In an announcement last week the province announced that Saskatchewan concluded a series of high-level meetings this week with two of its major trading partners at an international summit to advance the agricultural sector and support integrated supply chains across North America and beyond.
The annual Tri-National Agricultural Accord, held this year in Arlington, Virginia, is a meeting of ministers, commissioners, secretaries and directors of agriculture from Canadian provinces and U.S. and Mexican states, as well as senior officials from the three federal governments, to discuss agriculture and trade policy issues. Saskatchewan’s objectives for the meetings, held as an in-person/virtual hybrid event over three days, were to promote provincial agriculture export interests, build relationships with key federal and state officials, and advance discussions with the U.S. and Mexico on priority issues.
“The Tri-National Agricultural Accord is a valuable opportunity to discuss emerging issues facing the global agriculture sector that impact trade and rural development—issues of major significance to Saskatchewan,” Agriculture Minister David Marit said in a release.
Minister Marit, who participated virtually along with Canada’s delegation, co-chaired this year’s Accord with Richard Ball, Commissioner, New York State Department of Agriculture and Markets and president of the National Association of State Departments of Agriculture, and Carlos Muñiz Rodríguez, Hidalgo State Secretary of Rural Development and president of the Asociación Mexicana de Secretarios de Desarrollo Agropecuario. Among the issues discussed of particular interest to Saskatchewan were regional collaboration on animal and plant pests and diseases, continued support for facilitating innovation in agriculture to meet our growth, sustainability and resiliency goals, regulatory cooperation and harmonization, and Canada-United States-Mexico Agreement (CUSMA) committee governance. It was also an opportunity to share Canada’s revised risk status for bovine spongiform encephalopathy (BSE), and to learn that the United States Department of Agriculture Animal and Plant Health Inspection Services is currently reviewing relevant regulations in light of this change, including certain import requirements for cattle and small ruminants from Canada.“The U.S. and Mexico continue to be top export markets for Canadian agriculture and food products, and both countries are key suppliers for us,” Marit said. “We appreciate being able to meet with our peers and partners, including government representatives and non-governmental and industry representatives, to examine and discuss our common interests, challenges and objectives in depth.”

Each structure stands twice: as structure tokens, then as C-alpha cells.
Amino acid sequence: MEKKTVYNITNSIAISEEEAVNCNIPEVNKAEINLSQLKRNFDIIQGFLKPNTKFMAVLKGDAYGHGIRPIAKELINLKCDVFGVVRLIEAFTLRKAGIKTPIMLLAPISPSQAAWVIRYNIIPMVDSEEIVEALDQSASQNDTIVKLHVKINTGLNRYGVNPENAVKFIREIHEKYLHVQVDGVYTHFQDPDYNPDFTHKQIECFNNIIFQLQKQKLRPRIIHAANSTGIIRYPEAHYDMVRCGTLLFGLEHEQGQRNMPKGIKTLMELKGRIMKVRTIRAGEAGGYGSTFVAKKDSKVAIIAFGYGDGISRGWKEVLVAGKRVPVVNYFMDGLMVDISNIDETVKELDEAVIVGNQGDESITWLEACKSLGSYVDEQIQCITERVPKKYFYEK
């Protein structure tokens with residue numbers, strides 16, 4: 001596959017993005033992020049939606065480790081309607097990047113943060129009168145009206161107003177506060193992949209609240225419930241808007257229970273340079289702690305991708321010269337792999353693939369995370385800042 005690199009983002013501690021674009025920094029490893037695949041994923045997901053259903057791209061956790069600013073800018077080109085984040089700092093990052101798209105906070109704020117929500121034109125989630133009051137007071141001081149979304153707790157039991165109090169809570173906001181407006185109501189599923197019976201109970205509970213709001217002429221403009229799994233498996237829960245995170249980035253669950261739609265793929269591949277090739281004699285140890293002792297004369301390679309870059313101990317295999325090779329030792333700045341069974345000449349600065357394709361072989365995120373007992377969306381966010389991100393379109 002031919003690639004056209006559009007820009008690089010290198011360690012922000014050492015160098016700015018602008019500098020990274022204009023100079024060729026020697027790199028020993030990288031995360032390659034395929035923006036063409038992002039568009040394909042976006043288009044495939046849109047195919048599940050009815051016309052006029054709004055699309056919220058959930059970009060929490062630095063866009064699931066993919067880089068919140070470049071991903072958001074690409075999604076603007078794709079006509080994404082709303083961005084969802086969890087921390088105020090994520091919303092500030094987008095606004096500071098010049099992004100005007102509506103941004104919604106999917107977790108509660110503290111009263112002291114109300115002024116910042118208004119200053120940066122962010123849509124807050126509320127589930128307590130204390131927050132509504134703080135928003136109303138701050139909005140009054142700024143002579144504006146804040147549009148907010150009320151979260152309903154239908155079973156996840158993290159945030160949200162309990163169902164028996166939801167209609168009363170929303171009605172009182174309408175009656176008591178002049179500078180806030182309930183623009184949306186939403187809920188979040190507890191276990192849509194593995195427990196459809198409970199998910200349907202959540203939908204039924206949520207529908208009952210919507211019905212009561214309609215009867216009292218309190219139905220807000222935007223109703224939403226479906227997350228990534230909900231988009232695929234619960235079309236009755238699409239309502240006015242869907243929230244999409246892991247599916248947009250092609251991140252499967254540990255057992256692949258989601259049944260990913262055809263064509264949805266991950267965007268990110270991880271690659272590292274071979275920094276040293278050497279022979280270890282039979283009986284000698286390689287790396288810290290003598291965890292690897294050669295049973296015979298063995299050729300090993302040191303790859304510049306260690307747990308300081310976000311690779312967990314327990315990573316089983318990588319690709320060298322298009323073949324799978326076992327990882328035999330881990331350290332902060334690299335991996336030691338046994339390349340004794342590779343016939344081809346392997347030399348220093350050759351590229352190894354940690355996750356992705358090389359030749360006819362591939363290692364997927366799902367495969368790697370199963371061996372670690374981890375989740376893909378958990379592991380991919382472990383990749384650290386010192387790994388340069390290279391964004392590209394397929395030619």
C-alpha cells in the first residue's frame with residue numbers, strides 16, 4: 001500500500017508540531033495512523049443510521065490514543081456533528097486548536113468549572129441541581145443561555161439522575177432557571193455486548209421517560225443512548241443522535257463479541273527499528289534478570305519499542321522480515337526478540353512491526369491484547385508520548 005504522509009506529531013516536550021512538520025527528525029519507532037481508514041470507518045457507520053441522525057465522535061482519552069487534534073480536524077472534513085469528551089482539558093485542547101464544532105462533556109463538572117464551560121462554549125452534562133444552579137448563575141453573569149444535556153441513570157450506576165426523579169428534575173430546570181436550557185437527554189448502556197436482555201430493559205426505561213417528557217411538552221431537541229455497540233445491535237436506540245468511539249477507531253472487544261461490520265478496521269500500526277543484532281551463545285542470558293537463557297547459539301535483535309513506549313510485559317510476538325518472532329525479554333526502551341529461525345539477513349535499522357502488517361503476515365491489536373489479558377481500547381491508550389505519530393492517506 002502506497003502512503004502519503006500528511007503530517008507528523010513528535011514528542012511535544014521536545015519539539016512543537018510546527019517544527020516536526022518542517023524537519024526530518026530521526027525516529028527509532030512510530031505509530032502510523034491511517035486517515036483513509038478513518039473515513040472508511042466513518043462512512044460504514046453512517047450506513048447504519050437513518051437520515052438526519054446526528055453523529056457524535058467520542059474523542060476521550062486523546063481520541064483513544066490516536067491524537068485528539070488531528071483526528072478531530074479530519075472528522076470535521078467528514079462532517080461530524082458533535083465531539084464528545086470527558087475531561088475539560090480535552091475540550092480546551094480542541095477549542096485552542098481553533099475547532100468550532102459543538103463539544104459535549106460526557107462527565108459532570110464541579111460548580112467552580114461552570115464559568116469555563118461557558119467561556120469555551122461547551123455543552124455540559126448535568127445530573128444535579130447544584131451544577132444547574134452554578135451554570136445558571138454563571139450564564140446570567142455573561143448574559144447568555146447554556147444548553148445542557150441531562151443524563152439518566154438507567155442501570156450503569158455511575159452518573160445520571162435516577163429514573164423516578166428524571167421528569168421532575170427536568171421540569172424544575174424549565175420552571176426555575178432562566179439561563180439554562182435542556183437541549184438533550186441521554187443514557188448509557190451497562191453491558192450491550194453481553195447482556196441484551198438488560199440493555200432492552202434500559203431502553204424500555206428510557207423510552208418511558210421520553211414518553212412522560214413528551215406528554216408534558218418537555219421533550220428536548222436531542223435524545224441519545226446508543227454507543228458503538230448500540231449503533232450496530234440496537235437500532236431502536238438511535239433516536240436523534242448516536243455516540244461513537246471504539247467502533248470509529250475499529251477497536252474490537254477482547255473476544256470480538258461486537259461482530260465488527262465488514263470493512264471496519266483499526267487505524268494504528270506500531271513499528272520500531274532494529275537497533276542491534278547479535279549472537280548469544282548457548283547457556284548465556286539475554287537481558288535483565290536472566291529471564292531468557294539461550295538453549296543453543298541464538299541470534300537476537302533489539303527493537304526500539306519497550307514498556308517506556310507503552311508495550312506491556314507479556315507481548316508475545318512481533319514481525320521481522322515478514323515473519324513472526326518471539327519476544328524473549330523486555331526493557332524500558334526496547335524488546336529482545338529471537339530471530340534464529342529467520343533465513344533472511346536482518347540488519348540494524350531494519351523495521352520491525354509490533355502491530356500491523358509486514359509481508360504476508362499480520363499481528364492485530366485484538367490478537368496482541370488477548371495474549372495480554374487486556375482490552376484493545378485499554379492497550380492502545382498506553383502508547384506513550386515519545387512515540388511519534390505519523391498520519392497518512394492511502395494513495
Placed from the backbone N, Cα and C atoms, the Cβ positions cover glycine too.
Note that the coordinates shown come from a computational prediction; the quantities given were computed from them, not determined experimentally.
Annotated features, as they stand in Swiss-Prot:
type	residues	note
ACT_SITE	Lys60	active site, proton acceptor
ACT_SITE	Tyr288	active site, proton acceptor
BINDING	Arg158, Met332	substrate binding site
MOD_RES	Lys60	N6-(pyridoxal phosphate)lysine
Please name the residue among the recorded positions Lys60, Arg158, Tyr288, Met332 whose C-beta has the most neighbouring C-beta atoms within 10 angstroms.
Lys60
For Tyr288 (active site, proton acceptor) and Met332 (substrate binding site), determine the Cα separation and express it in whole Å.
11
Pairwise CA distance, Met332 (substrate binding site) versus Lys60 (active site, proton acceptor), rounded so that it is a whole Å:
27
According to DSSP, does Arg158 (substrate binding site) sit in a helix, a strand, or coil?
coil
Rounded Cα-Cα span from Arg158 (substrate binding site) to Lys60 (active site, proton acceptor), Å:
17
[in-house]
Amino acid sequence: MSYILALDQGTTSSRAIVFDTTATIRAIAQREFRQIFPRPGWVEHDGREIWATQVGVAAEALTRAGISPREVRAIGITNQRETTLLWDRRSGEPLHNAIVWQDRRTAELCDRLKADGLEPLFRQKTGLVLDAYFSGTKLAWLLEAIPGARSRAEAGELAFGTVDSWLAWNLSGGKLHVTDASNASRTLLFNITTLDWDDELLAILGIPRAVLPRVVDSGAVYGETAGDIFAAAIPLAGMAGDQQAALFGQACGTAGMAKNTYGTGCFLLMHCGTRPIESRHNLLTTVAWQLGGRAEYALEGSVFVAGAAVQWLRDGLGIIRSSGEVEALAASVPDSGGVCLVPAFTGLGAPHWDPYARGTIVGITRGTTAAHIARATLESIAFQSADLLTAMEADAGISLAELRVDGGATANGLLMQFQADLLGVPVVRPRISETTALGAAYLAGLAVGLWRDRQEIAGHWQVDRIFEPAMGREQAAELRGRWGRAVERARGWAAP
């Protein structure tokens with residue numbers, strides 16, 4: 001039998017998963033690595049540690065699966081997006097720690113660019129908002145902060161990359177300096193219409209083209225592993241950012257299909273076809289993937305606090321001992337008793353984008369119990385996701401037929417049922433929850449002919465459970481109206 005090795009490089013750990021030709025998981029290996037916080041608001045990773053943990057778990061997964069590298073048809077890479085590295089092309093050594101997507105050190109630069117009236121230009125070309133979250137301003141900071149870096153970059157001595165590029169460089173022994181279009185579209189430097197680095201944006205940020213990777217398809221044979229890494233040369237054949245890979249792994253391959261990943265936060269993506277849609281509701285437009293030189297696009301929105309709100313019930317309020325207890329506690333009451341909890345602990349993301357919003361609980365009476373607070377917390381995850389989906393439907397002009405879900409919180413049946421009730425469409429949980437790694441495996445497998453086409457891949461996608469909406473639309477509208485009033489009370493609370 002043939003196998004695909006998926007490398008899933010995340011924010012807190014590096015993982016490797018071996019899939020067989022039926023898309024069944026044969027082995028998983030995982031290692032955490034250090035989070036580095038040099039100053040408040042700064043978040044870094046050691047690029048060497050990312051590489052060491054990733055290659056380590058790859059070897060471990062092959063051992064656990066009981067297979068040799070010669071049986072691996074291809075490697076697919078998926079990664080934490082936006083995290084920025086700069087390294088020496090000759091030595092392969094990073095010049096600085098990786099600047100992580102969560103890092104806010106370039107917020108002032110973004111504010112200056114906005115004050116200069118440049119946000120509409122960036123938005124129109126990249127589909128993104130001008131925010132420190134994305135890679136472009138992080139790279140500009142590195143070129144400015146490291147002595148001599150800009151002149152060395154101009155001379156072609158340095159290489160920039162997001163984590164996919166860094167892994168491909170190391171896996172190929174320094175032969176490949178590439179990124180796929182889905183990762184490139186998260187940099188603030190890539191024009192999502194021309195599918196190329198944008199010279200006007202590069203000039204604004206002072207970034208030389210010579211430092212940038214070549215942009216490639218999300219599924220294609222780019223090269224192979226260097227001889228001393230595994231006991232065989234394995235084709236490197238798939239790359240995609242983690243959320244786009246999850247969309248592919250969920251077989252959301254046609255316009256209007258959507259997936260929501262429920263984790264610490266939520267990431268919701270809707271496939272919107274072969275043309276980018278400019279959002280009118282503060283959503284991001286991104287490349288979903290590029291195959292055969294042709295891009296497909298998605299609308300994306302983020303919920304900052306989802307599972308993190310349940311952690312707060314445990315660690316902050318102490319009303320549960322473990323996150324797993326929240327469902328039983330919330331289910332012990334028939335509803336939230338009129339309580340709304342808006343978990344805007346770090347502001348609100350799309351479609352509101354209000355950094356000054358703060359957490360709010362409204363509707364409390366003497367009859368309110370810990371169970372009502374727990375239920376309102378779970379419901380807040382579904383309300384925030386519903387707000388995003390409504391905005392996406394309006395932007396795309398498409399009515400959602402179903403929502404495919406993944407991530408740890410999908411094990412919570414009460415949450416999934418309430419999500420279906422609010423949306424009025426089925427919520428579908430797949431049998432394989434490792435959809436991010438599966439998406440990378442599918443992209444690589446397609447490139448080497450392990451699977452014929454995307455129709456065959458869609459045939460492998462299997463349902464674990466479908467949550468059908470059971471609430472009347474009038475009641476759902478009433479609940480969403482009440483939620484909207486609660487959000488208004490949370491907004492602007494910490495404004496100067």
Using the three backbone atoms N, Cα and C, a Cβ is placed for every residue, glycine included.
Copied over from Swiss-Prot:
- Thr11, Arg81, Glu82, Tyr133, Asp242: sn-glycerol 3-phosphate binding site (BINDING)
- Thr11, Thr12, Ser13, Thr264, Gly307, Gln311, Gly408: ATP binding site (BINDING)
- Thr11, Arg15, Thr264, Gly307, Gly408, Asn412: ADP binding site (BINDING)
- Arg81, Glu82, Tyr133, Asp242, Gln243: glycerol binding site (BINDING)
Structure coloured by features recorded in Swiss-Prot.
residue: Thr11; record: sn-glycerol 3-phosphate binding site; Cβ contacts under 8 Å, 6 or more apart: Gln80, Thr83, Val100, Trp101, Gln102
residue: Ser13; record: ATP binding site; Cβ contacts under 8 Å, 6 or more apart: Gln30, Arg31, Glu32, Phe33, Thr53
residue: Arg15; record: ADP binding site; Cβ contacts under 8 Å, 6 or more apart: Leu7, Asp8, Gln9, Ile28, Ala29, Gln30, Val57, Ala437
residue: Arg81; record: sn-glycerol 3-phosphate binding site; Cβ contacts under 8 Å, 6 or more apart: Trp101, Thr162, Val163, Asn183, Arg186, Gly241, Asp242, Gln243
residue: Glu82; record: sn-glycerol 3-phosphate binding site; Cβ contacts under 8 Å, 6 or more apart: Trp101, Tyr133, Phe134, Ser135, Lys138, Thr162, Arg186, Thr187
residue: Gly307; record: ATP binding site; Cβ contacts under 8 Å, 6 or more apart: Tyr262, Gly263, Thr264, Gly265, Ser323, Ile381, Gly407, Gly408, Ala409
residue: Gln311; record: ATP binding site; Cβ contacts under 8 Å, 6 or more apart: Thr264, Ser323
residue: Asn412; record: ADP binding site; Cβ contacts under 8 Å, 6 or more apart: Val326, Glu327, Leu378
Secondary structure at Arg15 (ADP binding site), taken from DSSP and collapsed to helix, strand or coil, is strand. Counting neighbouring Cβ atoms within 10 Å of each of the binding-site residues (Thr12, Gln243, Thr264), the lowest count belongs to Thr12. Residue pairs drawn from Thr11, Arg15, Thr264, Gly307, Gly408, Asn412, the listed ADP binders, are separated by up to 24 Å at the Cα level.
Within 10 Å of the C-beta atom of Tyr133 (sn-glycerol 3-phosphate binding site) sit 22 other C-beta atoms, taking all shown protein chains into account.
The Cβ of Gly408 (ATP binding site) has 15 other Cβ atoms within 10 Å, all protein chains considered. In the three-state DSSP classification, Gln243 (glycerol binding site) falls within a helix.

The Tri-National Agricultural Accord will take place next year in Mexico, and was previously held by the U.S. virtually in 2020, in Winnipeg in 2019, and in Nuevo Leon, Mexico in 2018.